Monday, February 17, 2014

The Outer Artist - Part 2: Due Diligence

Second in a series on the “business” of being a composer…

After an unintentional hiatus, I return this month to the second in a series on the “business” side of being a composer. Longtime readers of this blog (and I appreciate both of you very much) will remember from my last post that these blog articles are expanded versions of lectures I give in my Composition Seminar class every three to four years. In the inaugural post of this series, I suggested that if one is interested in a career as a composer of art music, it’s best to begin by asking three very fundamental questions: Why do I compose? What should I compose? And how do I go about composing?

Last time, I spent a lot of virtual ink on the questions of why and what (although I still have more to say on this latter question in a future post). For now, as promised, I’d like to more fully tackle the issue of how one should approach writing music. 

I’d like to begin by presenting a scenario that many of my composer colleagues, who also teach for a living, will surely recognize. It’s about the fourth or fifth week into a new semester; just about the time schedules start to squeeze students and they begin to realize that they may have bitten off more than they can chew. The amount of newly composed material has slowly been diminishing over the weeks after a heady start to a new term full of promise and resolutions. Finally, the lesson arrives wherein a student informs me that there is hardly any new music to show because “I had so much work to do for [fill in the blank] this week that I just couldn’t find the time to write much.”

This is the point where I pounce upon the word “work.” 

When the excuse of having “too much work” that interferes with composing is offered, I remind my students that they are confusing their work with their obligations. These are not always the same thing. I believe that a composer’s work is to write music. Period. It should be the single most important aspect of a creative life. If it is not, future disappointments will be unbearable.

As my students will attest, I constantly preach that a composer should furthermore write everyday. This may seem unreasonable at first; especially given the time demands of a student composer then considering the even greater time demands of a professional composer. To my way of thinking, however, there are three ways to develop the discipline of daily writing despite heavy schedule constraints. One way is to consider when and where the creative act of composition takes place. Another way is to consider the creative process as taking place in five stages. The third and most important way to truly develop an ongoing and disciplined creative output, however, is to recognize the difference between work and obligation.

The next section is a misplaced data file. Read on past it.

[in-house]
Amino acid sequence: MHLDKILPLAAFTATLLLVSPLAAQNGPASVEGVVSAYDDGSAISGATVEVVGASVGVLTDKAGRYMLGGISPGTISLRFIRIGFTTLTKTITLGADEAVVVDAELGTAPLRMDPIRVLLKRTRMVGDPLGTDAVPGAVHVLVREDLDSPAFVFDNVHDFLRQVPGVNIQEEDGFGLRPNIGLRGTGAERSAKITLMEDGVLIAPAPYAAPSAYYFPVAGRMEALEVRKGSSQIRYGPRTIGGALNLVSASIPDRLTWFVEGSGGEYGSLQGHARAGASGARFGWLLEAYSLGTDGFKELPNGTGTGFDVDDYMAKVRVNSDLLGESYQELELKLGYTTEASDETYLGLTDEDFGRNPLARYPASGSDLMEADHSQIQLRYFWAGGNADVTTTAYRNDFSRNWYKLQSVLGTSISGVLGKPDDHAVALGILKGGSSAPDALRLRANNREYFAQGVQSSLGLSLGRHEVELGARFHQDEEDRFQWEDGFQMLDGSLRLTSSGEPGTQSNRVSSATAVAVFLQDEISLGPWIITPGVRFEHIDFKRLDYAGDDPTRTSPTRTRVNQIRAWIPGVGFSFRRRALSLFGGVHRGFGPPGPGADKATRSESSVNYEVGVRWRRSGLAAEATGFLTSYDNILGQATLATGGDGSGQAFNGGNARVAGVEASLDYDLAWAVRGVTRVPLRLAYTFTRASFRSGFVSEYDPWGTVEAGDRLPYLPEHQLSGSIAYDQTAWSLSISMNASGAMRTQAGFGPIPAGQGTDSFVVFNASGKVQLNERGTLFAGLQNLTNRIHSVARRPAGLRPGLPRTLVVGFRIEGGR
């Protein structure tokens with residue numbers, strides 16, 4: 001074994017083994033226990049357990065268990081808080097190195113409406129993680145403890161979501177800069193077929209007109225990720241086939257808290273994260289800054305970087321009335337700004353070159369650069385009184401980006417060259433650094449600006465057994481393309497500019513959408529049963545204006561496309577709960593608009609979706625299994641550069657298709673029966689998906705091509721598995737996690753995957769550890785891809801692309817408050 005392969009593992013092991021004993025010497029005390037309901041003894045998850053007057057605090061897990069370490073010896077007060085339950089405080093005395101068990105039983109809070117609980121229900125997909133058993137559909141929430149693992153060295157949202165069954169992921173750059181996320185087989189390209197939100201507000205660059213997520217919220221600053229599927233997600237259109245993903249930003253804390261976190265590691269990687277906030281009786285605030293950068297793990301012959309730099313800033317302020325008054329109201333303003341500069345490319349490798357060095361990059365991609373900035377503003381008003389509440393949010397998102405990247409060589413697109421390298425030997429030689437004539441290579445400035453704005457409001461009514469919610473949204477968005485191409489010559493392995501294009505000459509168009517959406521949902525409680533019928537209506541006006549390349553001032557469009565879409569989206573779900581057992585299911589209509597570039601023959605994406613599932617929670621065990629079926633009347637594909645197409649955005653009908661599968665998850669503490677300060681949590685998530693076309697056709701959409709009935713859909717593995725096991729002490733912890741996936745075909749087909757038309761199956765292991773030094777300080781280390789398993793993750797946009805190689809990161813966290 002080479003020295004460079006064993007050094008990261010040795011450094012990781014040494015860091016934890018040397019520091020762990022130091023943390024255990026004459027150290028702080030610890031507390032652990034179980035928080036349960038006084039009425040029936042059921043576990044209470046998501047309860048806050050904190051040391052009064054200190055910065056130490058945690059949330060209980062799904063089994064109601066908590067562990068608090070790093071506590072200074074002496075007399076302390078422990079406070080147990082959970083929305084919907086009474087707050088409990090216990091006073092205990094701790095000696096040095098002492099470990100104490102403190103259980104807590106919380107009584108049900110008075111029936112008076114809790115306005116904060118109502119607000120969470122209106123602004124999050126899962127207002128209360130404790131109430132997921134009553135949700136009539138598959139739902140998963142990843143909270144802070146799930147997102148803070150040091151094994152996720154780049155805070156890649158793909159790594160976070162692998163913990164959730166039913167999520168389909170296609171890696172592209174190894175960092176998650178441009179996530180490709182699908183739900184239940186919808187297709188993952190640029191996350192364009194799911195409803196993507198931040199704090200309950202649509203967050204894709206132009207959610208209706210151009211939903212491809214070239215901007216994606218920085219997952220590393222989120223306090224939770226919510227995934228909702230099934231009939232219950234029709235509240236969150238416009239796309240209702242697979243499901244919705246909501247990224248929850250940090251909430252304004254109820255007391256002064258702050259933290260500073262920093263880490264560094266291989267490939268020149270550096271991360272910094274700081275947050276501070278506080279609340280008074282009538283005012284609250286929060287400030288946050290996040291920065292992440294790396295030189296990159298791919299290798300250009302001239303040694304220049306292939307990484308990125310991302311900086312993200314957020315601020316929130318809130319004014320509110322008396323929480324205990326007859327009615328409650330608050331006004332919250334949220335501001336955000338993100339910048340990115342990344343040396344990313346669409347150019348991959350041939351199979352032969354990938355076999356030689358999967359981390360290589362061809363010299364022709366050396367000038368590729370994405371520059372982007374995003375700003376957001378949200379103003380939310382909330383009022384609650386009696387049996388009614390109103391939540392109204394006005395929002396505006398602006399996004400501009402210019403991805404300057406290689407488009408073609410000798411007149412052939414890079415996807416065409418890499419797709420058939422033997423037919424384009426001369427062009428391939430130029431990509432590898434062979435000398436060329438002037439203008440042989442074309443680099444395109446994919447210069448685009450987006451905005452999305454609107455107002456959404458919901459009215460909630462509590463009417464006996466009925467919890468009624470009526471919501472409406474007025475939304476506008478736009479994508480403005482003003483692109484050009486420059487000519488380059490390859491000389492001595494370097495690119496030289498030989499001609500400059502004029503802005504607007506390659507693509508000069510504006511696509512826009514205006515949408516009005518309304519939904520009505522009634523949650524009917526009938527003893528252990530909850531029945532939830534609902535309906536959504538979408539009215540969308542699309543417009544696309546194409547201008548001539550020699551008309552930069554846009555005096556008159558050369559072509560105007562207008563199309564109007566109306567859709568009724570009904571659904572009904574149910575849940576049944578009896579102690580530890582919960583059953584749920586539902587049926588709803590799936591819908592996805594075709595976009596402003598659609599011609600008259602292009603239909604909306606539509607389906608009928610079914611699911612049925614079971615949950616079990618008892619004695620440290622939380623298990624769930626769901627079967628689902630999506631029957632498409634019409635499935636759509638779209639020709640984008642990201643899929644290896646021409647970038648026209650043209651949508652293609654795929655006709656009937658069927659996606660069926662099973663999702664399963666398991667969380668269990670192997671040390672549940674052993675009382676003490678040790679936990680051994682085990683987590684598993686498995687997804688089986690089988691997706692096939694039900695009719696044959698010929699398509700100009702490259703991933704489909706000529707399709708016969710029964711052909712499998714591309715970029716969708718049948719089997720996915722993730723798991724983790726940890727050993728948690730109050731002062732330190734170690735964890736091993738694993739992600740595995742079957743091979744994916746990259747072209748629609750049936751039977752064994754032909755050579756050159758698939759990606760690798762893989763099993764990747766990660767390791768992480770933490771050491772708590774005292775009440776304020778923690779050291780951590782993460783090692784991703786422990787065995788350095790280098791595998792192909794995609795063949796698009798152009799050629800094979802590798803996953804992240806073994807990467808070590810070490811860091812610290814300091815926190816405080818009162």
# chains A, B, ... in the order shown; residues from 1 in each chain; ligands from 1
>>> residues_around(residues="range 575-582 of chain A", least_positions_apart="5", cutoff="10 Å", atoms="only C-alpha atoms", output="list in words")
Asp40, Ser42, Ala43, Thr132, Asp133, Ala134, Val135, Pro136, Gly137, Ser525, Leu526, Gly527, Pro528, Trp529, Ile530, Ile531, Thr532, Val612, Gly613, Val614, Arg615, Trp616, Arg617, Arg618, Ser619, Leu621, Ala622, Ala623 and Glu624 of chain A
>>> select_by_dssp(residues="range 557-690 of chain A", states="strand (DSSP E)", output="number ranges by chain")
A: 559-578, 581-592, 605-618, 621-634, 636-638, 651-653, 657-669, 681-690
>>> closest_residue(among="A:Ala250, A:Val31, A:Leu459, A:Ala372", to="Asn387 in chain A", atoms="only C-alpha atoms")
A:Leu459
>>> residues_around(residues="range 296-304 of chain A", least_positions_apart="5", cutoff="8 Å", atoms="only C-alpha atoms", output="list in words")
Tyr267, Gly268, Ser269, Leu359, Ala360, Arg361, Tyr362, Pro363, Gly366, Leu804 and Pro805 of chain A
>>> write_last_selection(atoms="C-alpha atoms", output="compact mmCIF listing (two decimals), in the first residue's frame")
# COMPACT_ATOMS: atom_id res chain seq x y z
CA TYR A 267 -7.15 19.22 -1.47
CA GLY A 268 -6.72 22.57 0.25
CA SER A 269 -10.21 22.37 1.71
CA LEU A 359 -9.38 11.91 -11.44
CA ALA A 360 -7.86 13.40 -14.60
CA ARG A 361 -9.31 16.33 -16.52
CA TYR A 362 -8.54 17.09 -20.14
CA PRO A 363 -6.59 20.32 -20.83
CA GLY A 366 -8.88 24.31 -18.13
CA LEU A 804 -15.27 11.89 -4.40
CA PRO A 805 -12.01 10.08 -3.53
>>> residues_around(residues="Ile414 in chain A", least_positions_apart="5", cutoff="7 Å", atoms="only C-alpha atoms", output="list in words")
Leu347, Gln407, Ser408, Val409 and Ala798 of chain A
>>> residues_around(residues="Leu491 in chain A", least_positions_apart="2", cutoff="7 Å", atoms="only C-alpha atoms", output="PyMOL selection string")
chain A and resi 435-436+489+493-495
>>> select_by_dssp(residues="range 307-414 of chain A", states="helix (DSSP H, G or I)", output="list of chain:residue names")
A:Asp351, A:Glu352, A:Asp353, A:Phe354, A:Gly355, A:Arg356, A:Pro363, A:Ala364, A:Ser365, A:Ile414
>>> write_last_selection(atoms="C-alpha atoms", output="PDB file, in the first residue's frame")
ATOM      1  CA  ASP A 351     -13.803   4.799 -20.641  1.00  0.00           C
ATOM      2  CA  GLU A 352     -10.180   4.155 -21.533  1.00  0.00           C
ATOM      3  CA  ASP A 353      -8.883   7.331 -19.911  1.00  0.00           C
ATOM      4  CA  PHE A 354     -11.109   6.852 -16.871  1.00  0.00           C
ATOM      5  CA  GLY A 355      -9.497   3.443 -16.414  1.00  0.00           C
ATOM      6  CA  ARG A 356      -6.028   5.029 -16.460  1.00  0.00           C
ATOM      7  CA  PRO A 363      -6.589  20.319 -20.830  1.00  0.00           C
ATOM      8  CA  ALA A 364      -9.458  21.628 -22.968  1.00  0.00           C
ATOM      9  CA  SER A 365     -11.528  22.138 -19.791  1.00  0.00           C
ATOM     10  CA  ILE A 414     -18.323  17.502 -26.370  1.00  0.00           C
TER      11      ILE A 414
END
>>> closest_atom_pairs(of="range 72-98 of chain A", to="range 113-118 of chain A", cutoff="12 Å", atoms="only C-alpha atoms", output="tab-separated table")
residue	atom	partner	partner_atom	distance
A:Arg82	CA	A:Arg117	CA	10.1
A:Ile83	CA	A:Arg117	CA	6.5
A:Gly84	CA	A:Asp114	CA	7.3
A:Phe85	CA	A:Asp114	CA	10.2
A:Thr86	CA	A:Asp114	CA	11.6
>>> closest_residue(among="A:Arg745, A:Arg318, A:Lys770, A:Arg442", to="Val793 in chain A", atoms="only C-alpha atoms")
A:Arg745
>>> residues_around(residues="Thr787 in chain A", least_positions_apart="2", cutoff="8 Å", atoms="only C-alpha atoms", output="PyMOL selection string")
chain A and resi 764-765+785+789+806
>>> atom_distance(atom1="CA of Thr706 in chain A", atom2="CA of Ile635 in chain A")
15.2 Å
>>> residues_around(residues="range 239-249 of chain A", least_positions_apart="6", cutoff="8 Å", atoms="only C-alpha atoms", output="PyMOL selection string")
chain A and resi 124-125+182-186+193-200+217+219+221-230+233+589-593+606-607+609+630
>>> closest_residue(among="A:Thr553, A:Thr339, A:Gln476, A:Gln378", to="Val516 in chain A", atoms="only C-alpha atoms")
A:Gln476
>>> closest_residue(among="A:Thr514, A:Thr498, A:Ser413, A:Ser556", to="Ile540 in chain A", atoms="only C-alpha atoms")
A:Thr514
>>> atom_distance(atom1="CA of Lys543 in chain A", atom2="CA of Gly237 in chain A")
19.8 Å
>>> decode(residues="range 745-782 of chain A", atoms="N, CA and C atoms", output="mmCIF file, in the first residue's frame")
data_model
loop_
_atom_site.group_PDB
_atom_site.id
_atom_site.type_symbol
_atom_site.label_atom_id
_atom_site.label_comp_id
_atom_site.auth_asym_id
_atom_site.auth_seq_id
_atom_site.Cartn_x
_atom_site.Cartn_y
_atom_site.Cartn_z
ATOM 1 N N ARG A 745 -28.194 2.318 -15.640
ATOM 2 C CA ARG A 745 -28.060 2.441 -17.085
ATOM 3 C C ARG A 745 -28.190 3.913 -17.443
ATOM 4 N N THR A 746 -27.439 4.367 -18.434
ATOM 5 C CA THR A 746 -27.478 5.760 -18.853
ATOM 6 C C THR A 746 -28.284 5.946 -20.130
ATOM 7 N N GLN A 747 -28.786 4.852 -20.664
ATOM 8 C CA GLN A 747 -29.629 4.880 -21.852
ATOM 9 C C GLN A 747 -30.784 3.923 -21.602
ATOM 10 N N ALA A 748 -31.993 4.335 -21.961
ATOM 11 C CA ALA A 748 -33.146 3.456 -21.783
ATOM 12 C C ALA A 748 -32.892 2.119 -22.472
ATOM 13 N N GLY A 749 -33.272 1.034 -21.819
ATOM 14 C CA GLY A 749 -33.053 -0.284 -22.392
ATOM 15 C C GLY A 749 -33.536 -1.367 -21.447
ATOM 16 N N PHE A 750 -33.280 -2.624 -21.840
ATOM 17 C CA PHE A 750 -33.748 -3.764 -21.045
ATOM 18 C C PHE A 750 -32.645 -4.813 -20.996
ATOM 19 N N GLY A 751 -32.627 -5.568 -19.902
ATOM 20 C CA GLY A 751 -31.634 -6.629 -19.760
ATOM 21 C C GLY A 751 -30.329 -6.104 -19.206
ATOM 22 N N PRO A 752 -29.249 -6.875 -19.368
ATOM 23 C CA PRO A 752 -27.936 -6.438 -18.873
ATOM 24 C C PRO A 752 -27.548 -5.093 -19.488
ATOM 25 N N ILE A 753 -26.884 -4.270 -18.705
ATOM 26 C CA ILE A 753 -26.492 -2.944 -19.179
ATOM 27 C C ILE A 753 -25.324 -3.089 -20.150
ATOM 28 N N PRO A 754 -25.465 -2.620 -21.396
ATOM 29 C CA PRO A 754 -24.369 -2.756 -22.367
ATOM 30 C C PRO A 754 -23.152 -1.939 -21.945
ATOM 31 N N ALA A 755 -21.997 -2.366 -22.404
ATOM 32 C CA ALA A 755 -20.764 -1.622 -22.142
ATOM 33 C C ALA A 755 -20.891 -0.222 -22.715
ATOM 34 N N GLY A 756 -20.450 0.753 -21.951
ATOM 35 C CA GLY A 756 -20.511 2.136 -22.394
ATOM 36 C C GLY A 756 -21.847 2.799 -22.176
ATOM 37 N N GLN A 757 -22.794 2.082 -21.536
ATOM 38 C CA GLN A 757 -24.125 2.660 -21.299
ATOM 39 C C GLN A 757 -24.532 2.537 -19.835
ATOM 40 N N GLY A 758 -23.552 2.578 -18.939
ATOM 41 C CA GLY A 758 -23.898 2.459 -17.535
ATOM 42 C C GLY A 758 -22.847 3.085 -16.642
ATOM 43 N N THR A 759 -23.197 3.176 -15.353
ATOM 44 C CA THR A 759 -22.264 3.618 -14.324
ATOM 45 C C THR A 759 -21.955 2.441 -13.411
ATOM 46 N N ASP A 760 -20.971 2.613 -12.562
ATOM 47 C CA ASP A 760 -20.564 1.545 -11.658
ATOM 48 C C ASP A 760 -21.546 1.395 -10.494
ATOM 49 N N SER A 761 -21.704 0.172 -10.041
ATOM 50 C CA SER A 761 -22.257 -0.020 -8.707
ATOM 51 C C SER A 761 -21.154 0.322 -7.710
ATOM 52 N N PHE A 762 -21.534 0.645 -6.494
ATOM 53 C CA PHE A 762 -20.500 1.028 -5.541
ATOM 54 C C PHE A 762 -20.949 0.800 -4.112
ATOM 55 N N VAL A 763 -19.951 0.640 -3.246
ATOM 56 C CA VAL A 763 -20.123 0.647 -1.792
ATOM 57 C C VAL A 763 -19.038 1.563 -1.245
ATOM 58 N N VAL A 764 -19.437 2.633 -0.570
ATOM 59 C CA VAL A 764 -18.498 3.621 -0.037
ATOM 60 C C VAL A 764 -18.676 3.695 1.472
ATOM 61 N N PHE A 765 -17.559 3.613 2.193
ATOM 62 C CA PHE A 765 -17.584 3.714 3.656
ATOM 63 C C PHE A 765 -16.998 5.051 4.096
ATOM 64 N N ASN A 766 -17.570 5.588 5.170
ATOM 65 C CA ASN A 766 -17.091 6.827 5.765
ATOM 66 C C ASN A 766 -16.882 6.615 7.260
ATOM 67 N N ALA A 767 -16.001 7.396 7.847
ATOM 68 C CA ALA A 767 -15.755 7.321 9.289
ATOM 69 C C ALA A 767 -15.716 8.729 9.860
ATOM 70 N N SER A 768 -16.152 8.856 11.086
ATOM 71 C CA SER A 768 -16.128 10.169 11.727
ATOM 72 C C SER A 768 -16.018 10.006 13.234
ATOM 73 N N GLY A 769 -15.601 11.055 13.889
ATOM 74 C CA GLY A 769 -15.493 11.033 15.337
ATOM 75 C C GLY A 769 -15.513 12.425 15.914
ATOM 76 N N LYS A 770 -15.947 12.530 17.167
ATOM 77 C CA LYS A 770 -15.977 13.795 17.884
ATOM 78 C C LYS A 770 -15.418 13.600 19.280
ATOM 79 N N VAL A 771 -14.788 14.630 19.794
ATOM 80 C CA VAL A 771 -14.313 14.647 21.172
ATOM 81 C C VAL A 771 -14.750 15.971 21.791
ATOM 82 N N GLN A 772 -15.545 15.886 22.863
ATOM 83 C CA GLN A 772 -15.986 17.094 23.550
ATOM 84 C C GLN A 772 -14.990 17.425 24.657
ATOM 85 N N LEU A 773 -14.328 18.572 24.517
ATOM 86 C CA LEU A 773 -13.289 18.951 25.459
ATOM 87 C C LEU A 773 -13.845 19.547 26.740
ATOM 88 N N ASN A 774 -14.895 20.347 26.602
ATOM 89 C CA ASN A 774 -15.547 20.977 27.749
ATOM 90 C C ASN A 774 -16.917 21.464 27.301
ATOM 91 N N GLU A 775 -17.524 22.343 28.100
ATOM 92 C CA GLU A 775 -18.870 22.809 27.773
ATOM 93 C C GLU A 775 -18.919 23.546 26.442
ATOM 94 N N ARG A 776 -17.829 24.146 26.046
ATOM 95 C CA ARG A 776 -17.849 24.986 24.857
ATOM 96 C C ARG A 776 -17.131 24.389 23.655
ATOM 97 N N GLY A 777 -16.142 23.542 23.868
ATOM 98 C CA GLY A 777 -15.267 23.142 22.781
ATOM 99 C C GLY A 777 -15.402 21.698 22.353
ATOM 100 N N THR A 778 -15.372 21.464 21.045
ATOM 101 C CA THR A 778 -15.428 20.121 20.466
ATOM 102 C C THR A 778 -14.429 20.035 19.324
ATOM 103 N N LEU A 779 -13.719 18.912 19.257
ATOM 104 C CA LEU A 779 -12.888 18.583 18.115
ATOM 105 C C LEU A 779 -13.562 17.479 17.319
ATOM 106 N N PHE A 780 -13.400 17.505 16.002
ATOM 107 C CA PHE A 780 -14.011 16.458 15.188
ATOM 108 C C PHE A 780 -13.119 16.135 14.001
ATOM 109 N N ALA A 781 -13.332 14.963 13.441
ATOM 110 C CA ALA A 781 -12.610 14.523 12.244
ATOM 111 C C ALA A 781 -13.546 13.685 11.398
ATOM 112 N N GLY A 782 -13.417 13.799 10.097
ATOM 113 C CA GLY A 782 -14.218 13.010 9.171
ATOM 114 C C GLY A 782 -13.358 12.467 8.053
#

I often use myself as an example. As a professor at a moderately large school of music, I certainly have my share of obligations. I must prepare and teach classes; I must teach individual composition lessons; I must plan and curate new music concerts; and I must endure a never-ending parade of meetings and produce volumes of bureaucratic paperwork. All this is just for my university gig. I’m also heavily involved with other organizations (both professional music organizations and other non-music groups). I’m certainly not alone in rattling off a plethora of activities. Every composer and professional musician can probably cite even greater lists of obligations as compared to mine. The point is, all of these activities are very important. 

But they are not my work. 

That committee meeting? An obligation. That class? An obligation. These are activities that I take very seriously and undertake to the very best of my ability. But they are not my work. My work is composing music. I always find myself wanting to complete obligations as quickly as possible - without sacrificing quality - in order to get back to work. 

I want to get back to work because I have answered the question of why I want to compose. If a person has really thought about why they write music, the question of how begins to answer itself. Once the mindset of work vs. obligation took hold, I began making the time to compose daily. It became a necessity for me. In approaching composition in this manner, I also found it much easier to prioritize my tasks and not be led too deeply down rabbit holes that robbed me of creative energy. This is the critical first step in learning how to compose. Composition must be a priority. It is a life’s work.